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Baseball : To Surprise of Some, This Season's Tigers Have Racing Stripes

August 23, 1987|Ross Newhan

They were 11-19 on May 12, leaving the cynics feeling smug. Who could survive the loss of Lance Parrish, or the uncertainty concerning Dan Petry's elbow or the inconsistency that relief ace Willie Hernandez had displayed since the big summer of 1984?

"If you went to sleep in May and woke up today, you wouldn't believe the standings," Detroit Tigers coach Dick Tracewski said the other day.

By going 60-28 since May 12 and before dropping a doubleheader to Cleveland Friday night, the Tigers surged into first place in the American League's Eastern Division race and confounded the cynics.

That 60-28 record over an 88- game span was the same record the Tigers registered over the first 88 games in 1984, when they virtually wrapped up the division title by the end of May.

"To get where we are, we had to burn a torch," Manager Sparky Anderson said.

Anderson, the only manager ever to win a World Series in both leagues, added:

"If I get into the playoffs, this will be the most special season I've ever had because everyone said we were (manure). Now they know we're not (manure). Even the Yankees said they were worried about Toronto and not us. I think they know now that we're around."

In the wake of last week's three-game sweep of the Minnesota Twins, in which the Tigers outscored the Western Division leaders, 26-3, Detroit was averaging 5.7 runs a game, was leading the majors in runs and was on a pace to break the club record for runs and home runs in a season.

"Basically, we have a whole team of regulars," first baseman-designated hitter Darrell Evans said. "We can put anyone in there, and we're not going to go from an overwhelming strength to a weakness."

Tiger General Manager Bill Lajoie has taken the play away from his New York and Toronto counterparts by strengthening his team with the acquisitions of infielders Bill Madlock and Jim Morrison and pitcher Doyle Alexander.

Alexander's personality doesn't win him many friends--"I don't think I've ever met a more miserable human being," Oriole General Manager Hank Peters once said--but he knows how to influence September games, boasting a 15-3 September record for the last three years.

"I love a pitcher like Alexander," Sparky Anderson said. "Like I told (Alan) Trammell, any time he wants to throw a strike, he can do it. I love a guy where I don't never have to worry about no ball fours."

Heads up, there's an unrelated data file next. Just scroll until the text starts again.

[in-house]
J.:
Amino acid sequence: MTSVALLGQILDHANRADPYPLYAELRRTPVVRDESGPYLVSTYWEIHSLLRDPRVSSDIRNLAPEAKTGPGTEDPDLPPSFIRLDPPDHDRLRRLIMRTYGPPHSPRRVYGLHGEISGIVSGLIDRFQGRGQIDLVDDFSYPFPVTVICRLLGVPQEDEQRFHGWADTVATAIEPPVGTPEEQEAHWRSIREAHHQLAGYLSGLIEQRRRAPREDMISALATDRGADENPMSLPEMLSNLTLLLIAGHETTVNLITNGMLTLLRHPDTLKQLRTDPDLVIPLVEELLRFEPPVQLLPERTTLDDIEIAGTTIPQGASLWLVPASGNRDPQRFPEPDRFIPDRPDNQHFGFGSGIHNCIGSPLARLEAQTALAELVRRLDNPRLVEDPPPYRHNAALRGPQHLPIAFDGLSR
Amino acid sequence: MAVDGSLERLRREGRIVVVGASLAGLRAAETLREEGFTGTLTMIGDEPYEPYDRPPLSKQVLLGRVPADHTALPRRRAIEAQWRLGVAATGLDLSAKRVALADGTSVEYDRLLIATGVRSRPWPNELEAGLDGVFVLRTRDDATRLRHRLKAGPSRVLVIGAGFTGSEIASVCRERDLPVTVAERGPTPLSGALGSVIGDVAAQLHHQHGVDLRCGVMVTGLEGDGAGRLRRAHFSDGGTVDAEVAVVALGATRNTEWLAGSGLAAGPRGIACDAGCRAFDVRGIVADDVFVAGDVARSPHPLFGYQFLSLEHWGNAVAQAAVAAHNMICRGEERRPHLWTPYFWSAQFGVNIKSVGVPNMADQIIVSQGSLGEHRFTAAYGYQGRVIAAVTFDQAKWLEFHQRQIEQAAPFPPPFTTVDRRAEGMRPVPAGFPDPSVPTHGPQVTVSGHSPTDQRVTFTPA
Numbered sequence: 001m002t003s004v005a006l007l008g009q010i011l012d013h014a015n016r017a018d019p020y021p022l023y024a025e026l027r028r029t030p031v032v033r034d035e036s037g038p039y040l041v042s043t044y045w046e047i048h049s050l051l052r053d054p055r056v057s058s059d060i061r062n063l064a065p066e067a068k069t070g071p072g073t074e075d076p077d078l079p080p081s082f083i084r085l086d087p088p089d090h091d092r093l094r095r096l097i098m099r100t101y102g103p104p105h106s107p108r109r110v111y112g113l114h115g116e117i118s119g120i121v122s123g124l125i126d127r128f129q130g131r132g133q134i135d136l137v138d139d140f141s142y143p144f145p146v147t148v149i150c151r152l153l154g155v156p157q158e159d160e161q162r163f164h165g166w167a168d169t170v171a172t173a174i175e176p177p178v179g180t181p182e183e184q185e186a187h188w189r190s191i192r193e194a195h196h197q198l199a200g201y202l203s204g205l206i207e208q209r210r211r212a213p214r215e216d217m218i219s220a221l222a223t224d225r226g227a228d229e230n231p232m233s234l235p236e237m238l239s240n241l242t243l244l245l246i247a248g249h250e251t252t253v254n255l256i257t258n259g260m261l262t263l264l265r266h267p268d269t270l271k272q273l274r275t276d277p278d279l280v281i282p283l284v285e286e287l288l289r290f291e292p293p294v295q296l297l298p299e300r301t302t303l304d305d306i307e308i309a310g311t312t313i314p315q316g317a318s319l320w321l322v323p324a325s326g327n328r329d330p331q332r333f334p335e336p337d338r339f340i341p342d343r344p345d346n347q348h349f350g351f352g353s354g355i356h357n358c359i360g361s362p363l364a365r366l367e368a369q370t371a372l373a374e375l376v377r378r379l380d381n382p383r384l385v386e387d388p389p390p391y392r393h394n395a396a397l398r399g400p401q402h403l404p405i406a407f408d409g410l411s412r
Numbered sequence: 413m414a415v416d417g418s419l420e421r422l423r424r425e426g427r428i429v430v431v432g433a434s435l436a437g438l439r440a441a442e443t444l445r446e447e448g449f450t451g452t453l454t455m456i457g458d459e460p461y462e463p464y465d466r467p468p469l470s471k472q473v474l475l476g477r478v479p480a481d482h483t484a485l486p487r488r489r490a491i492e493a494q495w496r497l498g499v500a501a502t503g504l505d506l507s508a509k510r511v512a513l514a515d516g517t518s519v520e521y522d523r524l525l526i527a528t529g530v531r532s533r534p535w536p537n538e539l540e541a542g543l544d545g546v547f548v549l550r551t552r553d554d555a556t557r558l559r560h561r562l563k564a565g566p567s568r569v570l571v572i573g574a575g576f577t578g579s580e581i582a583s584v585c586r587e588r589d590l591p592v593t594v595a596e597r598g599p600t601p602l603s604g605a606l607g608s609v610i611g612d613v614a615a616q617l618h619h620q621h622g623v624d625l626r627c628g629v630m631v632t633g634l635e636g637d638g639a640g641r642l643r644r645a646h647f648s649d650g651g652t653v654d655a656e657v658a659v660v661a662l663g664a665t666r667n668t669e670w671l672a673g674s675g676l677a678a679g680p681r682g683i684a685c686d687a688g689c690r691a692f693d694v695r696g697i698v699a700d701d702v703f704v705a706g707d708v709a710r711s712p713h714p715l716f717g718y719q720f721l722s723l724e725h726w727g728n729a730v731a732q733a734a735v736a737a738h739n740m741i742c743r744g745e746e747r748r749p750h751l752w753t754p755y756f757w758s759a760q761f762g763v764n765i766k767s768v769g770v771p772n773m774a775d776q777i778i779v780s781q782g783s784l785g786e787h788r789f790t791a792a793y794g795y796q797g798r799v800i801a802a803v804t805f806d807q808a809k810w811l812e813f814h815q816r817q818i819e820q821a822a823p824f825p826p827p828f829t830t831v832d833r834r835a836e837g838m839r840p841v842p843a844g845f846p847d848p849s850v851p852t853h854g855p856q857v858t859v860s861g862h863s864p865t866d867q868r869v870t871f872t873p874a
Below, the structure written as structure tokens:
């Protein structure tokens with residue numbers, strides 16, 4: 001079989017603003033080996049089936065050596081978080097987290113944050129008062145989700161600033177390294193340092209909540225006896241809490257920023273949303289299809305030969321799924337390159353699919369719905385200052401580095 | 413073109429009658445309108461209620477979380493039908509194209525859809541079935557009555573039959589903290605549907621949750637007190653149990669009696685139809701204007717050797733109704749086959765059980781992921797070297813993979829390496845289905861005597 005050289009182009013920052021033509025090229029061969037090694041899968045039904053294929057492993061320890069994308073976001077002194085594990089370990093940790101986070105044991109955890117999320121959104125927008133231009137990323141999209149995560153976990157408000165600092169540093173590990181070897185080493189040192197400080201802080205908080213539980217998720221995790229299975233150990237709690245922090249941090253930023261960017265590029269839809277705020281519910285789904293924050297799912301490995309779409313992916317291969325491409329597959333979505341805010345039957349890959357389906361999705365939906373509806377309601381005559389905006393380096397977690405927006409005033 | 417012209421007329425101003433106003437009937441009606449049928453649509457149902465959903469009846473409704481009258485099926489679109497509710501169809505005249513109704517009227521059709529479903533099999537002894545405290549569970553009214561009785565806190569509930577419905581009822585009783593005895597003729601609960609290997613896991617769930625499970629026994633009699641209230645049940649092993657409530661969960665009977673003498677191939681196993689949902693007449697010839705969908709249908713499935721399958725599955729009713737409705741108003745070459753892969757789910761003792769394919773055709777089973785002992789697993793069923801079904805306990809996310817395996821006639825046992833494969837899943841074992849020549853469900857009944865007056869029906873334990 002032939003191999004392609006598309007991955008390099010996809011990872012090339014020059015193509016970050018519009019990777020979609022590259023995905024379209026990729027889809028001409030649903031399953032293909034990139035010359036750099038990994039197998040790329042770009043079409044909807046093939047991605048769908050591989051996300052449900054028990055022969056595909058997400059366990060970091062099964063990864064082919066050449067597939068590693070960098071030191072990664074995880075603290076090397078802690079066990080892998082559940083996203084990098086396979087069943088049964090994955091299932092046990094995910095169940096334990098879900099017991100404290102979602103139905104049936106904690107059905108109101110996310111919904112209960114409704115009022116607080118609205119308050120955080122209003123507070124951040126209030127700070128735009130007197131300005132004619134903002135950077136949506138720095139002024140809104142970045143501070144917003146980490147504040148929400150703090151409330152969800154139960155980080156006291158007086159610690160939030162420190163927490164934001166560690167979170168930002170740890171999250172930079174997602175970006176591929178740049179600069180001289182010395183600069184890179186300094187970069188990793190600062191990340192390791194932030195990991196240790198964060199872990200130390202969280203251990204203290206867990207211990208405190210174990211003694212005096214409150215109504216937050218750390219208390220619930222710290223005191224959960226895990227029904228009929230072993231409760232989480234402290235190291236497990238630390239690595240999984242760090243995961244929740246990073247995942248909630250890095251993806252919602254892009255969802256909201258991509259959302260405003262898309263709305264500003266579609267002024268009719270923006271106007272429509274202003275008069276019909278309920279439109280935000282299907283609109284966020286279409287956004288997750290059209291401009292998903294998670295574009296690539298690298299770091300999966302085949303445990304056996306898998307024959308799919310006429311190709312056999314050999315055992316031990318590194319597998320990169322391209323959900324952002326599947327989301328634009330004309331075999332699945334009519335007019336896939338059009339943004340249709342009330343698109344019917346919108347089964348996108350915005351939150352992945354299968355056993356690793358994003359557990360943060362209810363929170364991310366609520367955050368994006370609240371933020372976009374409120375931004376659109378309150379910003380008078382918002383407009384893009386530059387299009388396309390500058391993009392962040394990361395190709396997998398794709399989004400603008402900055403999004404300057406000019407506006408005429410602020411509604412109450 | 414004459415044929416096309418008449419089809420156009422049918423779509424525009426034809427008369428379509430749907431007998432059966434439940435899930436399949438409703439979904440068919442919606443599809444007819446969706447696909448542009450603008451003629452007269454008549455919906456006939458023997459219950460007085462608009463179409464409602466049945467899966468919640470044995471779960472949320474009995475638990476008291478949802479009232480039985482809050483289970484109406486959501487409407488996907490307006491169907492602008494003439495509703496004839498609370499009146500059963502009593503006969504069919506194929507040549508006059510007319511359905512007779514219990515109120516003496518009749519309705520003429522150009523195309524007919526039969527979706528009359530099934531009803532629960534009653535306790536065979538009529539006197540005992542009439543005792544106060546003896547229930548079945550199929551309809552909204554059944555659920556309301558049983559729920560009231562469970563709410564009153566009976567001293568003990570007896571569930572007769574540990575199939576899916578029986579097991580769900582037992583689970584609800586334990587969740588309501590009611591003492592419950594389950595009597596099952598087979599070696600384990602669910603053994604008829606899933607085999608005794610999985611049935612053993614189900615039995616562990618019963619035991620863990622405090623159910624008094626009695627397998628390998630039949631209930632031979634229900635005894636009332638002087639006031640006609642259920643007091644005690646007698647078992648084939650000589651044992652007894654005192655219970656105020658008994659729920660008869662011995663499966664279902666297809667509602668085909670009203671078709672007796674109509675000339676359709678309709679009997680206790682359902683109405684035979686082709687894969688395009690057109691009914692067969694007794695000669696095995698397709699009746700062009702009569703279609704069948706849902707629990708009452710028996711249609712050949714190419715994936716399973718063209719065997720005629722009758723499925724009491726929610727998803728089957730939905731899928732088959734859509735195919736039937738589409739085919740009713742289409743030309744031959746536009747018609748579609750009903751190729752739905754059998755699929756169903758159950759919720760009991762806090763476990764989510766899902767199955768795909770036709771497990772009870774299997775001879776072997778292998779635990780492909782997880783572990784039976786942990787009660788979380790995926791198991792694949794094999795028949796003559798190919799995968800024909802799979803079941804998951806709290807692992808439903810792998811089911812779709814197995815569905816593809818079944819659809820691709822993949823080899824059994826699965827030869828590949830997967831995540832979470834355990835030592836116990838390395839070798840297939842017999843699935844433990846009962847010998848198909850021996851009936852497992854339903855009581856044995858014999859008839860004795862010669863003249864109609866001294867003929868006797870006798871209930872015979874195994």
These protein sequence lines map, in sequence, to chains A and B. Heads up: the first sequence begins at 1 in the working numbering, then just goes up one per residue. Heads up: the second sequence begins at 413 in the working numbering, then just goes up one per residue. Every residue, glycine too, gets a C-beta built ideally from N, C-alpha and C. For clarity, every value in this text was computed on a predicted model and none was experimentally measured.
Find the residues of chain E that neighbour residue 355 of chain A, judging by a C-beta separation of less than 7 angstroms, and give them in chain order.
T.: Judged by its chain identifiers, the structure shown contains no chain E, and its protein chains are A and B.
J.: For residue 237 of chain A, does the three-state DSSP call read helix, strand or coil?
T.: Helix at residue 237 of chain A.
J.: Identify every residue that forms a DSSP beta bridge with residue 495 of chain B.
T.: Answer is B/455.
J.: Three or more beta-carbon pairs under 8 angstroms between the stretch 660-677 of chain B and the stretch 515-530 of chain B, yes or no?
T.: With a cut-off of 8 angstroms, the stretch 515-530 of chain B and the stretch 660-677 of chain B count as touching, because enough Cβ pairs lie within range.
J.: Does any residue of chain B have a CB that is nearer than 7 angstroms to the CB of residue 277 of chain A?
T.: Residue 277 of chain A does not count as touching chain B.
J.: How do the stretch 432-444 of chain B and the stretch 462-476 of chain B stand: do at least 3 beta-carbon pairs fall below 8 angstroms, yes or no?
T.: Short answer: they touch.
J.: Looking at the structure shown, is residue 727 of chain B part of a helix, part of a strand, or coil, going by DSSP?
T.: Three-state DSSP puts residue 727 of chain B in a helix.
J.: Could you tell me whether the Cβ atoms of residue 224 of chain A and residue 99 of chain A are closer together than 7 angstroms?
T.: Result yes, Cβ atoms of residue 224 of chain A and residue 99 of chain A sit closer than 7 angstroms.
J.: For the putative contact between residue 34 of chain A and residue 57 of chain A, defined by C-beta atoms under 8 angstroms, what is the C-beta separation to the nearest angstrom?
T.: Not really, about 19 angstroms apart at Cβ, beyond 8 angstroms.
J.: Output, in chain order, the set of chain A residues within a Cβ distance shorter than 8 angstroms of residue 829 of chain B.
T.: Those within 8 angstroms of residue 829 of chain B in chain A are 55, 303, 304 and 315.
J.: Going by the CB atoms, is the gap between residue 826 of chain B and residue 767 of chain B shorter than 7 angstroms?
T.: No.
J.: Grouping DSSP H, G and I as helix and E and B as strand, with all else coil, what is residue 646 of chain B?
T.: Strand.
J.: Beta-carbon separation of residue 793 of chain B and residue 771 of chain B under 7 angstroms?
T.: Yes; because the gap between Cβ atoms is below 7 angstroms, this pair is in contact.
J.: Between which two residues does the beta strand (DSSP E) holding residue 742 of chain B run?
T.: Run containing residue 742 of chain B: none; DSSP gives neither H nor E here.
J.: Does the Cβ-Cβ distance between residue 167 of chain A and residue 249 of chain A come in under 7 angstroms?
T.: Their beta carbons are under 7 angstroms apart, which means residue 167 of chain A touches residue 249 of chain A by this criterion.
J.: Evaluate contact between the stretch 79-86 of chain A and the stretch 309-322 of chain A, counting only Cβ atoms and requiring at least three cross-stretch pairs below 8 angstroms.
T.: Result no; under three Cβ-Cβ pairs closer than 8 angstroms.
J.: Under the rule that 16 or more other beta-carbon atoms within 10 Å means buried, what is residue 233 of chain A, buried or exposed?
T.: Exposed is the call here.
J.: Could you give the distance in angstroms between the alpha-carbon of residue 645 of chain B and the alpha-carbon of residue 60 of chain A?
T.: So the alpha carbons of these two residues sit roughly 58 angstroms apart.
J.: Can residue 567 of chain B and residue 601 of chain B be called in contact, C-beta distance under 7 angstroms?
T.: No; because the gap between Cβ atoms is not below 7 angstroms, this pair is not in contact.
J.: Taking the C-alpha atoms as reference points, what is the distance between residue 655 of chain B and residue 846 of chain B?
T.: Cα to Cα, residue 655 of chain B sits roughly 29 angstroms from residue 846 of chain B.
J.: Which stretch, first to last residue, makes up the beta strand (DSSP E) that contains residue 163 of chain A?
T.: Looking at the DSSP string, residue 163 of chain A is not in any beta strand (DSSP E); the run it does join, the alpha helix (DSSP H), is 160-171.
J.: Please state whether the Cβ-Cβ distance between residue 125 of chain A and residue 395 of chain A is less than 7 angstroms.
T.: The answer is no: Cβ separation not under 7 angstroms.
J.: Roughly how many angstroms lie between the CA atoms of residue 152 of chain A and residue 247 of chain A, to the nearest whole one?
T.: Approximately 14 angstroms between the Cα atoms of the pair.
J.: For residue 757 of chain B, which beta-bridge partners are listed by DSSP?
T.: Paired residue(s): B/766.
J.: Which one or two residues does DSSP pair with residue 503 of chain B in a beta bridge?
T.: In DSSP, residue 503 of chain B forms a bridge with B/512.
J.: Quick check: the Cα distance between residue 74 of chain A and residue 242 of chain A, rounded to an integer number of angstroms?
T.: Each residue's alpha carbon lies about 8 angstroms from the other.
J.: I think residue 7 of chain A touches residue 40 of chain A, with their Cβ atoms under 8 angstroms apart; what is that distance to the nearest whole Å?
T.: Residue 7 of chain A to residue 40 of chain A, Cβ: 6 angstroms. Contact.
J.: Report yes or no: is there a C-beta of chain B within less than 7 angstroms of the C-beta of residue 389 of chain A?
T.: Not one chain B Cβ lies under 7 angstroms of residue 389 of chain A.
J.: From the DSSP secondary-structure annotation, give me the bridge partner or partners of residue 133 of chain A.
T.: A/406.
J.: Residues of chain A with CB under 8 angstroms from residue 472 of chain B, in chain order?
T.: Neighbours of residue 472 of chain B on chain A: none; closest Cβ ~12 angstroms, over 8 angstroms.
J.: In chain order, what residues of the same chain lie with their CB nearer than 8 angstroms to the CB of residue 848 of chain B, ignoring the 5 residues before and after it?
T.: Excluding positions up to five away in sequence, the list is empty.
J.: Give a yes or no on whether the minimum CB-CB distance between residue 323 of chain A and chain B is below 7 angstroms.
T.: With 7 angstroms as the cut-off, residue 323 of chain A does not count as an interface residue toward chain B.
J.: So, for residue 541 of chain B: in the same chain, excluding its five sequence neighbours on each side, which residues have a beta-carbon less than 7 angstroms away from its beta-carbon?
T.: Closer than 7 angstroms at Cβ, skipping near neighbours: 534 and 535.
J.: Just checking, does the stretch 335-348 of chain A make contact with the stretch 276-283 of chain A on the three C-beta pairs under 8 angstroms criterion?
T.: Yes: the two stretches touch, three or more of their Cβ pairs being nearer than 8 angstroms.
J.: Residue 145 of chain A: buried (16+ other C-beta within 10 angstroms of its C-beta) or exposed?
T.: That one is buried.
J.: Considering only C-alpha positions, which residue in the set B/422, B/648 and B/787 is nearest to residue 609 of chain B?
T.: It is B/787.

Arbitrator Tom Roberts has scheduled a meeting with representatives of the owners' Player Relations Committee and the Major League Players Assn. for Aug. 31., presumably to announce his decision in the collusion case regarding Donnie Moore, Kirk Gibson and the free agents from the winter of 1985-86.

On Monday, arbitrator George Nicolau will resume his hearing on the union's second collusion grievance, regarding the free agents from last winter.

Six weeks remain in the 1987 season, but the Angels are already finished playing the Twins and Oakland A's, two of the three teams ahead of them in the American League West, and the A's are also through with the Twins.

"The way we play Minnesota and with what we have to do, I wish we played Minnesota the rest of the way," Angel General Manager Mike Port said, referring to the gap that separates the teams.

A's General Manager Sandy Alderson isn't sure he would want to play all 40 or so remaining games with the Twins, but he would like two more cracks at them--home and away.

"But we'd have to ignore the bottom line to do it," he said. "We're also happy having the Yankees here (in Oakland) this weekend. We're hopeful of drawing 110,000 people for the three games,"

There's the rub.

Although each of the 12 teams in the National League plays 90 games within its division and 72 out of it, each of the 14 teams in the American League plays more games, 84, out of its division than in, 78.

The Eastern Division has long wanted to change that, citing a thriving franchise in Toronto and the historic and geographical rivalries among the Yankees, Boston Red Sox, Baltimore Orioles, Detroit Tigers and Cleveland Indians.

The seven Eastern teams would prefer to play three series at home and three away with each of their division rivals. The current format calls for each of the 14 teams to play two series at home and two away with the other teams.

The West, struggling for economic and artistic parity, has opposed change on the grounds that it would have to yield lucrative dates to the East.

Or as Port asked, do you give up profitable matchups for the sake of competitive matchups?

"Hopefully, the competitive match-ups will breed profit, too," he said. "But we've traditionally drawn better with the Red Sox, Yankees and Tigers."

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